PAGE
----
I miss Aldo’s chuckle.
Aldo never worked alone—Anna Salamone always on deck, mapping the Aldo universe.
He called from his apartment; it was filled with posters: Verdi’s Rigoletto, Rossellini’s Germania Anno Zero and Paisà; a radio played jazz and a computer ready to transmit upon Aldo’s command through Anna’s typing.
The Futurist art movement deeply influenced Aldo; he would describe experimental musical instruments built by Luigi Russolo.
Like the Futurists, Aldo demanded change through art, upending established social structure.
Art was/is political expression for Aldo.
In Mussolini’s Italy, Aldo hid in the countryside, a child partisan discovering painting, avoiding mandatory fascist schooling.
Unlike the Futurists, Aldo rejected nationalism and abhorred war.
Aldo had much to say: from Dada to the Situationists, from Ishmael Reed to the Rodney King video, to my collaboration with a blind filmmaker photographing surveillance cameras during the 2004 Republican Convention.
Aldo understood, only as Aldo could understand, why the FBI investigated me.
Aldo and Anna would visit me to conduct poetry readings in front of surveillance cameras.
Dan Georgakas would soon visit; Dan as film critic for Cineaste opened the discussion about surveillance cameras and the rapid technical evolution to shoot back at authority using citizen video/photography with smartphones.
Both artists expressed concern for commodification and consumerism eroding this empowerment of the new media along with escalating narcissism.
Then they discussed Aldo’s film, Inauguration ’81, about Reagan’s accession to the presidency. Aldo described using video inside a TV store and was able to capture subtle details about our society’s values from the many screens.
This in continuation with Black TV and Black Gate Theater, demonstrating his ability to capture the abstract real time of the hidden conflicts within our world; fundamentally turning technology against the oppressor.
In this moment, the collaborative barometer of art made itself manifest, both men began to speak about Donald Trump as a perfect clown for a fascist media circus; in 2005 when I heard this I did not know I was participating in artistic prophecy.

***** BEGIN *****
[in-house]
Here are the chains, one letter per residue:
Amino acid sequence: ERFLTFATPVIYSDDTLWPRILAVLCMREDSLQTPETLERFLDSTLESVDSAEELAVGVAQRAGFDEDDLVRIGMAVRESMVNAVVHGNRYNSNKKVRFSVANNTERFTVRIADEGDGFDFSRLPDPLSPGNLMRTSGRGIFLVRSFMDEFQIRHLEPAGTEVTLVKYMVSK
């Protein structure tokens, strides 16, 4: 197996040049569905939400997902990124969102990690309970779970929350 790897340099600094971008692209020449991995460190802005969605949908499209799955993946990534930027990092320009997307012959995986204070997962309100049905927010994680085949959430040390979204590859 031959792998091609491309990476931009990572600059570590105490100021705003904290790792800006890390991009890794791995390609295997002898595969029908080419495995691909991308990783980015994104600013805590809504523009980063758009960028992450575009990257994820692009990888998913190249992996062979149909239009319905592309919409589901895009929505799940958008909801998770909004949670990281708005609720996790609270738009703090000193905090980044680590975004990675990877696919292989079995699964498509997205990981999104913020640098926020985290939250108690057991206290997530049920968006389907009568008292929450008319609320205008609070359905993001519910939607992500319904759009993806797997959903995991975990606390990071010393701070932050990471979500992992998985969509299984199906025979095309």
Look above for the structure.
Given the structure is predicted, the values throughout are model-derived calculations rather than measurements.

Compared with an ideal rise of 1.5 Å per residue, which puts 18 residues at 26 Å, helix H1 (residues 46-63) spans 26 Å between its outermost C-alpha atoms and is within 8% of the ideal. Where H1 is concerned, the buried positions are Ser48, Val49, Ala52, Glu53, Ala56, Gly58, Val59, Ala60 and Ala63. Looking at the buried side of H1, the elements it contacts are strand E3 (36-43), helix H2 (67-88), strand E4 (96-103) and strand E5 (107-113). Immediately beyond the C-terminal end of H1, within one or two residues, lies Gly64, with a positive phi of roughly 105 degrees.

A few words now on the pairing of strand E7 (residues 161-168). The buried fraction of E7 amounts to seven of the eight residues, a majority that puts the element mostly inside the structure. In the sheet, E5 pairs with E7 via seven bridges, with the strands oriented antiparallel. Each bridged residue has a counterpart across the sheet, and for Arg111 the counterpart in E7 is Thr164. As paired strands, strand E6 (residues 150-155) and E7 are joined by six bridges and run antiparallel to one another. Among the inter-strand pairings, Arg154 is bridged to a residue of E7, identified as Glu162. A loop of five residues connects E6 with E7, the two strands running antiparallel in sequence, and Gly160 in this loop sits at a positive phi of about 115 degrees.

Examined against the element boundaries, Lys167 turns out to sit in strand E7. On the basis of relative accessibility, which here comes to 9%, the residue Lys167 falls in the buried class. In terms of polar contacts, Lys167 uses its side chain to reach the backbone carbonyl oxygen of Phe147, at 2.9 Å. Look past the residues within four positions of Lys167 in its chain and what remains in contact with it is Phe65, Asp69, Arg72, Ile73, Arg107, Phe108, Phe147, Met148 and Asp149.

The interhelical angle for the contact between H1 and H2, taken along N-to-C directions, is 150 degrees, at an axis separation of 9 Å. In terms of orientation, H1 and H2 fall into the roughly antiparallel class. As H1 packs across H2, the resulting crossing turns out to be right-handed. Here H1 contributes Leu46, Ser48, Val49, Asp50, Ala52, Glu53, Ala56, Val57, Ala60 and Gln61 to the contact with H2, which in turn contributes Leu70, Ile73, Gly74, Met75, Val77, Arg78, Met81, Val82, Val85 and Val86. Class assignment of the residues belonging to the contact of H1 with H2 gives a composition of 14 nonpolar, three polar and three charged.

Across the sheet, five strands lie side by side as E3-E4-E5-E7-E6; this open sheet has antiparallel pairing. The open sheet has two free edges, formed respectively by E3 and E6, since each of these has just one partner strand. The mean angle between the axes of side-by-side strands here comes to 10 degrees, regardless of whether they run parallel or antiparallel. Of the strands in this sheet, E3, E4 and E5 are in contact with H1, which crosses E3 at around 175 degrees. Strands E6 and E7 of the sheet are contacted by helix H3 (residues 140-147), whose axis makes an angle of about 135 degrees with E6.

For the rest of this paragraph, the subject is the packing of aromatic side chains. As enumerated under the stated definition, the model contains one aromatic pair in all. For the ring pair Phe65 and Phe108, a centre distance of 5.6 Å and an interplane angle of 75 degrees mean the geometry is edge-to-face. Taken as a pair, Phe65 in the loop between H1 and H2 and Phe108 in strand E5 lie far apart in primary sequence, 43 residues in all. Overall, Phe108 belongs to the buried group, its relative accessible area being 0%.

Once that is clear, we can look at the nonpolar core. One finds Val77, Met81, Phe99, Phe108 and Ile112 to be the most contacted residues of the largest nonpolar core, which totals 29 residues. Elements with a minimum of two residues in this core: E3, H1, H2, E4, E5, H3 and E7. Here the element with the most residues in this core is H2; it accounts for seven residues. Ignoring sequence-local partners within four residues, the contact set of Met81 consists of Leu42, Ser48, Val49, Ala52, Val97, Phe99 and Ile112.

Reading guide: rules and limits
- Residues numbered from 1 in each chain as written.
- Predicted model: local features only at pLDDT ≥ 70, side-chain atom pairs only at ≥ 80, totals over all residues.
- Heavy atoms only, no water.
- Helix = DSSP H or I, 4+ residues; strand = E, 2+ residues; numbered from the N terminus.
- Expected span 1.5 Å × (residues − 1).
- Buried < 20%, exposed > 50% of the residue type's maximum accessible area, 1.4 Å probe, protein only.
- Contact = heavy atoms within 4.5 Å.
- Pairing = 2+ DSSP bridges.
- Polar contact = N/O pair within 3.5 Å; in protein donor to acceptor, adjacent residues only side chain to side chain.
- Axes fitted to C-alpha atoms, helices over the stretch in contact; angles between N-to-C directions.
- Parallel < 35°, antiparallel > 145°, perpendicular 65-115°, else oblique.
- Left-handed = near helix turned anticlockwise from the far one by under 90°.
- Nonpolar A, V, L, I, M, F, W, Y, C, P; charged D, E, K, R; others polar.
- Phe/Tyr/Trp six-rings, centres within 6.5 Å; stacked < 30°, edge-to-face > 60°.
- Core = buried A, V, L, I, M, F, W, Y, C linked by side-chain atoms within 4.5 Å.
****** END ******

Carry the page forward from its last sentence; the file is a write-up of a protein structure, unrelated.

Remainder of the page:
Later that week, we continued reading to surveillance cameras and we would meet up with Boris Lurie.
Boris smoked two packs of cigarettes and spoke about mice eating his paintings. Suddenly the discussion turned from humorous to serious and we spoke about Trump becoming president. Aldo said, “He is just like Mussolini.” Boris spoke of the inevitable triumph of consumerism birthing a Donald Trump presidency with streets filled with authoritative police. He spoke to Aldo how overnight, lifelong neighbors betrayed his family during WWII.
Years later Aldo wrote “HELLO FUTURE.”
April 27, 2017, Cambridge.
It’s Aldo’s birthday and Donald Trump is now president.
Askia Touré describing Aldo, “He was the only white member of the Black Panthers.”
“We didn’t want Aldo at the protests; we worried for Aldo’s safety; you see, he was more radical than us, and we feared someone would just go up and shoot him.”
I will never forget the Aldo Tambellini chuckle!
I have connected to and crossed paths with Aldo Tambellini a number of times over the decades.
My first connection to the artist/poet Aldo Tambellini was through conversations with Boris Lurie. Boris is one of the three creators of the radical art movement NO!art. Boris spoke highly of Aldo. I was intrigued. Working with Boris, in 1994, the Clayton Gallery and Outlaw Art Museum put together the first NYC NO!Art exhibition in 30 years. The last NYC NO!art show was in 1964.
The Clayton Gallery NO!art exhibition was with Boris Lurie, Aldo Tambellini, and Isser Aronovici. The 1964 exhibition: NO POSTERS / ANTI-POP POSTER SHOW | Gertrude Stein Gallery, New York.
Later in 2003 HOWL! Feva (Federation of East Village Artists) started a community art festival. I was invited on board by David Leslie. My position allowed me to curate shows. In 2004 I connected Aldo with HOWL! Festival which led to his screening of his Black anti-film movies at the Pioneer Theater. At this screening he reconnected with the Warhol photographer and poet Gerard Malanga. Later in the day we had a gathering at the Clayton Gallery where Aldo shared some of his political poetry.